Analysis: Superbugs driving blockbusters

By STEVE MITCHELL, UPI Senior Medical Correspondent  |  March 7, 2007 at 9:09 PM
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WASHINGTON, March 7 (UPI) -- The emergence of multi-drug-resistant superbugs as a global health concern appears to be propelling antibacterial drugs to blockbuster status, according to an analyst report issued Thursday.

Treatments for community-acquired infections have historically dominated the sector, but the trend is now shifting in favor of hospital infections, such as methicillin-resistant Staphylococcus aureus, or MRSA, predicts the report from Datamonitor.

"We predict the hospital market is going to take over and be the main growth driver of the antibacterial market," Hedwig Kresse, the author of the report and an infectious-disease analyst with Datamonitor, told United Press International.

There are several reasons for this, including the increased attention given superbugs, or bacterial infections that are resistant to multiple drugs. In addition, many community-acquired infection treatments are losing patent protection and the population is aging, which will lead to more infections and treatment in hospitals.

"The community market is pretty much exhausted for big pharma, so companies are focusing on the hospital market because they can achieve higher prices there," Kresse said.

Two drugs that stand to benefit from this trend are Pfizer's Zyvox and Wyeth's Zosyn.

Zyvox sales are ramping up due to the rise of MRSA, and the drug will likely achieve blockbuster status in the next few years.

"It will reach sales exceeding $1 billion by the end of the decade," Kresse said.

Zosyn, which is given intravenously for nosocomial lower-respiratory-tract infections, is growing at a very strong rate that is expected to continue until the patent expires later this year, Kresse said. The drug is expected to generate approximately $900 million in sales this year, she added.

The most promising compounds in late-stage development for MRSA include Pfizer's dalbavancin, Theravance's telavancin, Johnson & Johnson's ceftobiprole and Arpida's iclaprim.

All of these drugs are expected to generate somewhere in the neighborhood of $500 million in sales, Kresse said. Dalbavancin and telavancin are the furthest along and are expected to be launched in the United States this year.

Zyvox may be impacted a little by the additional competition, but Kresse said this is expected to be minimal because "any help on the resistance side is appreciated and highly necessary."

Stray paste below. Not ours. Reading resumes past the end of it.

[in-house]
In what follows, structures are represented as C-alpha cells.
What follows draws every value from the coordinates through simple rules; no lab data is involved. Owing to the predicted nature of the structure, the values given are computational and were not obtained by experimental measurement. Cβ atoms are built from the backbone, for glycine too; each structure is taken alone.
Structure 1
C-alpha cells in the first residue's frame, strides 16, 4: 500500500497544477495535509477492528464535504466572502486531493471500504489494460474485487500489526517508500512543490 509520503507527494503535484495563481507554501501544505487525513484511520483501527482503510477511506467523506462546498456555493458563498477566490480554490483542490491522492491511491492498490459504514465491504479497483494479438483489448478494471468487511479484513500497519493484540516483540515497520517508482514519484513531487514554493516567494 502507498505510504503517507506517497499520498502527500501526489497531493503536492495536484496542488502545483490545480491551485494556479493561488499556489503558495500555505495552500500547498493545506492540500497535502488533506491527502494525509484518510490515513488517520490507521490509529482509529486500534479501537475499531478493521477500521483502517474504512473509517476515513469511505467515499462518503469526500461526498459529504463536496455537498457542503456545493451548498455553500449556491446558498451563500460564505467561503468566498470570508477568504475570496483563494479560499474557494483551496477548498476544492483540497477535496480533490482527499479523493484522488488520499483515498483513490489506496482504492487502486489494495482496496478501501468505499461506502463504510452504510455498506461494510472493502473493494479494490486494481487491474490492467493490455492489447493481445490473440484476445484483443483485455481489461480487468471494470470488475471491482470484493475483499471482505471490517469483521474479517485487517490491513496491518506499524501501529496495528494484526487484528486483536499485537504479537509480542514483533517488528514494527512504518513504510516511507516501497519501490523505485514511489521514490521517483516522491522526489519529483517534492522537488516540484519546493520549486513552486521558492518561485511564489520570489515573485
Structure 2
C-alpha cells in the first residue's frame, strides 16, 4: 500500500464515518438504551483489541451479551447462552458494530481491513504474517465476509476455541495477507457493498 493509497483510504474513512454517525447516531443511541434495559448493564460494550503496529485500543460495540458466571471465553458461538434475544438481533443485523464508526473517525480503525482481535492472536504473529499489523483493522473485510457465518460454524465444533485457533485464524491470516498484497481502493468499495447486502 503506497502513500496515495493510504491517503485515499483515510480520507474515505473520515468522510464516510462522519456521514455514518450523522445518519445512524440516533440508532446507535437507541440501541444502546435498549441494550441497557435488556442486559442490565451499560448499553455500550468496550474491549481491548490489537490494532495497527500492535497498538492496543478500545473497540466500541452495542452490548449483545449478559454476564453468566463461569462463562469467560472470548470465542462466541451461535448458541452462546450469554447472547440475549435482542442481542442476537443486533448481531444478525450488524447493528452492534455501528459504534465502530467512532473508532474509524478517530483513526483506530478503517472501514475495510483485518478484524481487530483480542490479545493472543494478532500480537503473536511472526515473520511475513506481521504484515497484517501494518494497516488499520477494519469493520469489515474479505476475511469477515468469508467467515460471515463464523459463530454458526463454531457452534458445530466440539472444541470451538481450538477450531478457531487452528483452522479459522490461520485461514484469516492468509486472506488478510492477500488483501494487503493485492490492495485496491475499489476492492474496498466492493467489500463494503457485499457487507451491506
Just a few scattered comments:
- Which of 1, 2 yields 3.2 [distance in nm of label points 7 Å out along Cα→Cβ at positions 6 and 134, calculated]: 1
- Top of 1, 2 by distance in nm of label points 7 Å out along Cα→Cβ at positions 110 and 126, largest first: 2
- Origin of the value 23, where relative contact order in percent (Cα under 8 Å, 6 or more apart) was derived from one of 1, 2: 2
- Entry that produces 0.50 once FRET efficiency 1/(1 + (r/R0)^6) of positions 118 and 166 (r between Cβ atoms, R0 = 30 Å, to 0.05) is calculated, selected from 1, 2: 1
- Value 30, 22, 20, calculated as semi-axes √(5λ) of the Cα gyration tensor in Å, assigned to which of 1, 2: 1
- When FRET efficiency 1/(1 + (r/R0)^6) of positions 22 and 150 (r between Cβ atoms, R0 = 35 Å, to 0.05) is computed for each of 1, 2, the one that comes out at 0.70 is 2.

Danielle Drayton, an analyst with Decision Resources, told UPI the pipeline for anti-MRSA agents is "really saturated."

The compounds that look the most promising in her view include telavancin and Targanta's oritavancin.

These two drugs are "poised to compete with vancomycin, the gold standard of treatment," Drayton said.

But they probably won't knock vancomycin off as first-line therapy because it's both cheap and effective.

Telavancin and oritavancin will enter the market "with a high price premium and really don't offer significant advantages in efficacy," Drayton said.

Two drugs currently on the market that are gaining traction against vancomycin include Zyvox and Cubist's Cubicin, she said.

Sylvia Eash, an analyst with Decision Resources, told UPI an area of hospital infections that has gone neglected is gram negative pathogens, which includes Pseudomonas aeruginosa and Acinetobacter baumannii.

One reason pharmaceutical companies have not been interested in this area, Eash said, is that the affected patient population is relatively small. However, it could be a lucrative opportunity.

"Drugs that enter that space would be able to command very high price premiums," she said.

Currently, carbapenems are the top class in this area. This includes Merck's Primaxin and AstraZeneca's Merrem.

Primaxin's U.S. patent expires in 2009, after which "sales will decline dramatically," Eash said. The drug is expected to generate sales of $340 million in 2010.

Merrem's U.S. patent expires in 2010, and the drug is forecast to bring in sales of $170 million.

Johnson & Johnson's new carbapenem, doripenem, is expected to launch later this year and compete with Merrem.

Doripenem doesn't offer many clinical advantages, but J&J may be able to gain traction by bundling it with two of its other antibacterials, including ceftobiprole, Drayton said.

The problem though is that carbapenem-resistant infections are starting to emerge.

"So what's left when you really have a very serious infection?" Drayton said. "The answer is there really is nothing."

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